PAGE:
Snake spotted next to Kelowna home losing natural habitat | iNFOnews | Thompson-Okanagan's News Source

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Snake spotted next to Kelowna home losing natural habitat

A yellow-bellied racer spotted in a garden of a Kelowna home.
Image Credit: SUBMITTED/Nick Sintichakis
June 06, 2021 - 9:00 AM

A Kelowna resident was surprised to see a yellow-bellied racer near his home, a type of snake, according to one researcher, that's losing its natural habitat. 

Nick Sintichakis was in his garden in Glenmore when he spotted the racer for the first time.

READ MORE: The 7 snakes of the Thompson-Okanagan

He found the snake along the back wall of his home. He has cylinder bricks that he fills with herbs, where the snake was discovered, June 1, he said.

“It was right tucked in there and its head was buried in the dirt,” he said, adding that he picked it up and it had a yellow belly.

This is the first time he’s seen a yellow-bellied racer in the area, and he’s lived in the area since the 1990s.

The snake is common in parts of the Okanagan, but their overall range is contracting due to habitat loss, said Karl Larsen, TRU wildlife researcher who is also conducting a study on rattlesnakes and vehicle traffic.

“They are also by far the species that is most likely to get killed on the road at our White Lake study site, and they are also the species most likely to be detected by our culvert cameras. We know surprisingly little about them, but I have a couple students doing some radio-tracking on them here in Kamloops – first in Canada, I believe,” Larsen said via email.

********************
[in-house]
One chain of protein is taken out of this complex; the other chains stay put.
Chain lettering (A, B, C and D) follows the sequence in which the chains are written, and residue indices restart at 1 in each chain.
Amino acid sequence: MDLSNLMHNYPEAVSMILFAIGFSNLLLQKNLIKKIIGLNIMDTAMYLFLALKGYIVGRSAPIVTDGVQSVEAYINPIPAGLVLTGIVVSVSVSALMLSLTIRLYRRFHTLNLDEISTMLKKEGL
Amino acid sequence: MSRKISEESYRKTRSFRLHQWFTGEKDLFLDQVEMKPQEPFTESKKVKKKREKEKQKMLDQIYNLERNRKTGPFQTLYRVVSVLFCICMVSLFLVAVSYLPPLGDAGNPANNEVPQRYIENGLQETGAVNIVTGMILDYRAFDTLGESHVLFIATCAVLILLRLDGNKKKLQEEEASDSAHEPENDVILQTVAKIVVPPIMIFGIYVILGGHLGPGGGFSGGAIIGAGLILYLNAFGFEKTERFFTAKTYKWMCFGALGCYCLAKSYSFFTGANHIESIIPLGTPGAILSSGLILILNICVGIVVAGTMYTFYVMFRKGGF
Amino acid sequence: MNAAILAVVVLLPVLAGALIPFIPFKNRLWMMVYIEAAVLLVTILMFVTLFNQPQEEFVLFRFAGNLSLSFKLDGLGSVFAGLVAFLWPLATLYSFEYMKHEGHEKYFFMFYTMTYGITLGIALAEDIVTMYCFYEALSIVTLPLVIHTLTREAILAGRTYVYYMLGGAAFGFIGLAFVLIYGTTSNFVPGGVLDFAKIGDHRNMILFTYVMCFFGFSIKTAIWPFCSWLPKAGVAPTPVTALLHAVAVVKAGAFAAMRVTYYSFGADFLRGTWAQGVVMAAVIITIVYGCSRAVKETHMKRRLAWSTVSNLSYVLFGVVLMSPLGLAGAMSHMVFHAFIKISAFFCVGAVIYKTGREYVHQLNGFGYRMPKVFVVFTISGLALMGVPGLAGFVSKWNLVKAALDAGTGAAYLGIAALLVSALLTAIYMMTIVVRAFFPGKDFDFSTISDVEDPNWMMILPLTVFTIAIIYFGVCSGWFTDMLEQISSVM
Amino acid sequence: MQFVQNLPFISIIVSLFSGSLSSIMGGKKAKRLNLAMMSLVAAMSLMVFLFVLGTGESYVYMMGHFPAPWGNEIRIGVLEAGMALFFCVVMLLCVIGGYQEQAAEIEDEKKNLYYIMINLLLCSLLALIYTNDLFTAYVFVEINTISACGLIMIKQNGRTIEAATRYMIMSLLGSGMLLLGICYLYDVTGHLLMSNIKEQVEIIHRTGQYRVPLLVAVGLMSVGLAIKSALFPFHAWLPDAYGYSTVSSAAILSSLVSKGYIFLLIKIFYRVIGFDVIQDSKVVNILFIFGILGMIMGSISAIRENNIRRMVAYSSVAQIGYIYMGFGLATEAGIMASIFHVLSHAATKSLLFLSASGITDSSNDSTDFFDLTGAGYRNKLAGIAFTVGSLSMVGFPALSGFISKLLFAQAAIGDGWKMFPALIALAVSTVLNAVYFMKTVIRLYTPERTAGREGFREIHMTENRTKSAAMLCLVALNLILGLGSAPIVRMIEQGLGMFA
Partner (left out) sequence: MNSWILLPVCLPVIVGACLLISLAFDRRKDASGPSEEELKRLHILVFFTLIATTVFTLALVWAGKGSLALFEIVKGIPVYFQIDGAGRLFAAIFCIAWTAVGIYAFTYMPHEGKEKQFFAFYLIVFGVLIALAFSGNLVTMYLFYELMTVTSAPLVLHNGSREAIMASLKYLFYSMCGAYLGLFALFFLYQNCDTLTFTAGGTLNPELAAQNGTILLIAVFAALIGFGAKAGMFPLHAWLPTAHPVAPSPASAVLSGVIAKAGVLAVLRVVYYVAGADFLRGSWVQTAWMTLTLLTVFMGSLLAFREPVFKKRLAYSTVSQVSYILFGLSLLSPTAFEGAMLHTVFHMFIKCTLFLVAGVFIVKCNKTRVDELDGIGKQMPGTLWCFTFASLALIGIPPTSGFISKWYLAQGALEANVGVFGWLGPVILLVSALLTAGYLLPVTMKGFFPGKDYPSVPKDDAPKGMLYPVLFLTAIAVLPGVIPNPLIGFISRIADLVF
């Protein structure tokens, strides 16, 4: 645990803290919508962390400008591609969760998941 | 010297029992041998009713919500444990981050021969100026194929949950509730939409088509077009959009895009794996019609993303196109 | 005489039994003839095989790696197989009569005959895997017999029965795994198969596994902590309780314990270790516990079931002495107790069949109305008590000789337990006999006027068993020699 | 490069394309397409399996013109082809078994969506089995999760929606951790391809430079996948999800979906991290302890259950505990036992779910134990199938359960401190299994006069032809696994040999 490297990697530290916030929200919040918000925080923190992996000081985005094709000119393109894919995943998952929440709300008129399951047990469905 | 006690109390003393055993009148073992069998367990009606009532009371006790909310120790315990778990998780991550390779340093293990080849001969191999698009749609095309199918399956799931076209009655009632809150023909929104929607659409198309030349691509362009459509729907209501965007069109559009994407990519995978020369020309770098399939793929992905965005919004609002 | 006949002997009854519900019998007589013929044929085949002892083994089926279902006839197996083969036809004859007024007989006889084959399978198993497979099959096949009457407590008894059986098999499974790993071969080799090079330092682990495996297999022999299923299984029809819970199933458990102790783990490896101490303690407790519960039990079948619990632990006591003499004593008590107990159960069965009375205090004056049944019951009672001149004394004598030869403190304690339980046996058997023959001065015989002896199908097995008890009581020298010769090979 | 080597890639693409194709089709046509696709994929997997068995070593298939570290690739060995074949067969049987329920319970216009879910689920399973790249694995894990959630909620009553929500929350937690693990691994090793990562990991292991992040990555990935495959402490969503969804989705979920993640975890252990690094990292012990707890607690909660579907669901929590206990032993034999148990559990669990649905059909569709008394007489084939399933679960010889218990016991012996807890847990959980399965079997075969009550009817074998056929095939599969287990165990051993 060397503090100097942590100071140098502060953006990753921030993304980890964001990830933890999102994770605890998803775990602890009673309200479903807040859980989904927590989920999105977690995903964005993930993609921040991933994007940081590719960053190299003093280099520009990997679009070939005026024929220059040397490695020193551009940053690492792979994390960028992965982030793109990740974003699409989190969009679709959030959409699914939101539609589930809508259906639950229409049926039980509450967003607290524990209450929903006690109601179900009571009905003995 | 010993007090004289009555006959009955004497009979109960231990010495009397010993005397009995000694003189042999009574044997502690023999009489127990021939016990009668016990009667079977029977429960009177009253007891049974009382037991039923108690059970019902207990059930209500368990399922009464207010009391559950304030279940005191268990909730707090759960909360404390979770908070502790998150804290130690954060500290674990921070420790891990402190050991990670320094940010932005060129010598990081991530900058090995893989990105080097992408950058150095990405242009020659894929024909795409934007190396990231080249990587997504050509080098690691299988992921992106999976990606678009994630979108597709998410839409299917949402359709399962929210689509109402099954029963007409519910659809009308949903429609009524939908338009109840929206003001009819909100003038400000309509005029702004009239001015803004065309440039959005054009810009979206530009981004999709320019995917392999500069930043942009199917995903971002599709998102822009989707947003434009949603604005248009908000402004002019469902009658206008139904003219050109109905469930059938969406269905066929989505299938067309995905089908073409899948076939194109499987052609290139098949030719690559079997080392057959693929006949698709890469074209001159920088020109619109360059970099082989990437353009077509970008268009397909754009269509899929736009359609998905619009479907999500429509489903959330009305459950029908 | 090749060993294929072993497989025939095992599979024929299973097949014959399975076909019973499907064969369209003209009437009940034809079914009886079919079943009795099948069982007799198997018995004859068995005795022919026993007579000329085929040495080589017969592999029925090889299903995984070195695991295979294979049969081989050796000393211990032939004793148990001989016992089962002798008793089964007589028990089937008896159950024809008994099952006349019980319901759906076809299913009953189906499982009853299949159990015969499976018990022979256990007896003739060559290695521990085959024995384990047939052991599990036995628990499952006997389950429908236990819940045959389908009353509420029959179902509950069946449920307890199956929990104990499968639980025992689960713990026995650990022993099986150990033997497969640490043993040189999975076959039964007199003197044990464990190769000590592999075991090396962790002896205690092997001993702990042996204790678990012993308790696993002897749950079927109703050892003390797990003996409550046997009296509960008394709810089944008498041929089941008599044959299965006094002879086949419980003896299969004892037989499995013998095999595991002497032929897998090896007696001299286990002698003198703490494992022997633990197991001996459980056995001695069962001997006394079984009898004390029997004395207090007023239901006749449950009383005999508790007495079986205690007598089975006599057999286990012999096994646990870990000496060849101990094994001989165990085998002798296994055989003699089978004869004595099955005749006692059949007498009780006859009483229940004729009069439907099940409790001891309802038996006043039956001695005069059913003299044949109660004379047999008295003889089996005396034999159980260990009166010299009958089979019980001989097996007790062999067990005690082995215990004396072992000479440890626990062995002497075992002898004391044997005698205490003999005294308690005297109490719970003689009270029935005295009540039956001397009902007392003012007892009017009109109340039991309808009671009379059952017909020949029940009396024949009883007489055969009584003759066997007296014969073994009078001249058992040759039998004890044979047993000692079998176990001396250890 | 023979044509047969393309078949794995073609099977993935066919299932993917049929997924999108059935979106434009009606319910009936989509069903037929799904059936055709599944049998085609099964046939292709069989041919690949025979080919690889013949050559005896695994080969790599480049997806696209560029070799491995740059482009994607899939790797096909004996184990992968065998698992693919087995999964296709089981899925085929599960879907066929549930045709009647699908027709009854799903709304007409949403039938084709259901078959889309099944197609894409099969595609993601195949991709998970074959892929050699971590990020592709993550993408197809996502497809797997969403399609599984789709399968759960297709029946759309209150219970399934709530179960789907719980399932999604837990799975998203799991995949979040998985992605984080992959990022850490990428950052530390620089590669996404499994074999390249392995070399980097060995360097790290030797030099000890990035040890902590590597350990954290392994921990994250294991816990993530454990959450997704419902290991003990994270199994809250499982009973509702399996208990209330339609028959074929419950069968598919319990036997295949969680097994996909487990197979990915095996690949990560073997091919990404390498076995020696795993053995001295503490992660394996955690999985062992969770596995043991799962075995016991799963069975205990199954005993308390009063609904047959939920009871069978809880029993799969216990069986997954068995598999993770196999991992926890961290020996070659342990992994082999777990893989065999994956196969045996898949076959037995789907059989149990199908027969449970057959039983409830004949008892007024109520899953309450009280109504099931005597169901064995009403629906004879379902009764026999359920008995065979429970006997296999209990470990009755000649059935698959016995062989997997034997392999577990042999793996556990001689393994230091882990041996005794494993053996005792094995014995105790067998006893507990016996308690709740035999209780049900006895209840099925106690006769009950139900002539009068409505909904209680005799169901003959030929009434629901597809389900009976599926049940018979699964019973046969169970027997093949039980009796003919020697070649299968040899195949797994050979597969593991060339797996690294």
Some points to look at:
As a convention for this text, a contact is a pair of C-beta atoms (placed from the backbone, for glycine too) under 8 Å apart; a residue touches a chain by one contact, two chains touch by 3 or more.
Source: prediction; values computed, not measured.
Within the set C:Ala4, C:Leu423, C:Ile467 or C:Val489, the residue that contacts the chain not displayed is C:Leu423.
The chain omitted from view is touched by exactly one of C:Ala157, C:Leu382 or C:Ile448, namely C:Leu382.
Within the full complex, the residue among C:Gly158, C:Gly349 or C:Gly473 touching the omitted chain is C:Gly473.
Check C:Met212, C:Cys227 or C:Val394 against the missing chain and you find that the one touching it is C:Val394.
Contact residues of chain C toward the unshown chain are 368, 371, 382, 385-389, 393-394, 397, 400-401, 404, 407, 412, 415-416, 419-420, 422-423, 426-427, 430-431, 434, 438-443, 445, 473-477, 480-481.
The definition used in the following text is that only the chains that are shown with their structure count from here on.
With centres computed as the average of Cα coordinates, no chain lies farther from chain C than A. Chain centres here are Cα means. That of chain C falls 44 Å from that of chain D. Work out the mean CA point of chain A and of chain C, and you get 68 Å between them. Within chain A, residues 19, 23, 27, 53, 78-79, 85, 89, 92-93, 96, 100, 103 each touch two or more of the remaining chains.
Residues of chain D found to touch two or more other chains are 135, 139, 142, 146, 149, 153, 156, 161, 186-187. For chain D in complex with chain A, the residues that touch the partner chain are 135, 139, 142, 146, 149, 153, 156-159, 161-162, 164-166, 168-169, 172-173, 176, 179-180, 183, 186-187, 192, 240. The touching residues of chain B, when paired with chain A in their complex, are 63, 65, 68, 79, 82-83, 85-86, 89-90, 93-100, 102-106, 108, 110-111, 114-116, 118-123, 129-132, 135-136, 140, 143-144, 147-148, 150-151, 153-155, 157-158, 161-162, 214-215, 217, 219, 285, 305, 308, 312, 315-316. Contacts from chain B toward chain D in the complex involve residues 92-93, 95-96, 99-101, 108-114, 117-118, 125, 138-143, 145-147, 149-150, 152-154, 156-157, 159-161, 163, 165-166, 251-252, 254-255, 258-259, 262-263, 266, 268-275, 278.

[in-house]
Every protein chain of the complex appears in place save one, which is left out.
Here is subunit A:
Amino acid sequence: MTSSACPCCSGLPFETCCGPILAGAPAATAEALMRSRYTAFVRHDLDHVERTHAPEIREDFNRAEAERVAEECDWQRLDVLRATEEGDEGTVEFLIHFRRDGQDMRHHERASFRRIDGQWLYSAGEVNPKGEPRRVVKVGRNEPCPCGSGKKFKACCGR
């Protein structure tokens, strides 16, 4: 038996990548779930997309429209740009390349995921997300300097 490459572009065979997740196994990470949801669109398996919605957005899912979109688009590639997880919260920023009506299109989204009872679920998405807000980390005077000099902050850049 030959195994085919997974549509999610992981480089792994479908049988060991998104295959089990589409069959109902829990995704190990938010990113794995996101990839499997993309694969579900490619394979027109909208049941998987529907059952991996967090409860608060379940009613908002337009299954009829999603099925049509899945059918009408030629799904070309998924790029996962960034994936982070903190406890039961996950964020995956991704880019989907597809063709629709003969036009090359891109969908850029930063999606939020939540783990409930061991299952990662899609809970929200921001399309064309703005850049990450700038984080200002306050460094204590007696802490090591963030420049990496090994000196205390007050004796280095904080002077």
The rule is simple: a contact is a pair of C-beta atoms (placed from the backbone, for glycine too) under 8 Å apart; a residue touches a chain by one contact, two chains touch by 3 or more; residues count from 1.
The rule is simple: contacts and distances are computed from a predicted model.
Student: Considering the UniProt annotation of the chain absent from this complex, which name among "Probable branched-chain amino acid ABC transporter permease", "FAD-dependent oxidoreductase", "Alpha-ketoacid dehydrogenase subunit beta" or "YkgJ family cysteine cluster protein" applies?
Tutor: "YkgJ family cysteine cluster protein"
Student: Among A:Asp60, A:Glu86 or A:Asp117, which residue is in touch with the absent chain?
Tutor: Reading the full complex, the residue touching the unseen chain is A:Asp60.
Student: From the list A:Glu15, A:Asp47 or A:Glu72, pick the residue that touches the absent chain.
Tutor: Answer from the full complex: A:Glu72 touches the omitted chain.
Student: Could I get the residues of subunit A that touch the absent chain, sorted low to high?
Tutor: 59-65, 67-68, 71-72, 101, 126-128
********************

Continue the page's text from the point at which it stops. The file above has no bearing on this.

Researchers are studying the Okanagan’s Western Rattlesnake at Inkameep Desert Cultural Centre and in the White Lake Basin southwest of Penticton to determine the mortality rates of snakes along the roads.

READ MORE: What's killing South Okanagan rattlesnakes?

Western yellow-bellied racers are long, slender snakes with large, smooth scutes (scales). Adult racers range from 50 cm to 2 m in length, according to Reptiles of B.C.

Racers are uniformly grey to olive-green on their back, and white to yellow on the belly. If grabbed, racers will (like most animals) defend themselves by biting, but if left alone they are completely harmless.

They are the only B.C. snake that will prey heavily on insects, so they are good to have around the house, according to Reptiles of B.C.

The name ‘racer’ is no accident – these snakes are built for speed. Racers are active snakes, and they use their excellent vision and speed to hunt during the day. Not only are racers good on the ground, they also are good climbers and occasionally are found hunting high in the bushes.

The racer life cycle begins in May when snakes emerge from their winter dens (called hibernacula) to mate. In July, females lay about six leathery eggs in a sandy hole or among rocks on a south-facing slope. The sun keeps the eggs warm so the young inside develop.


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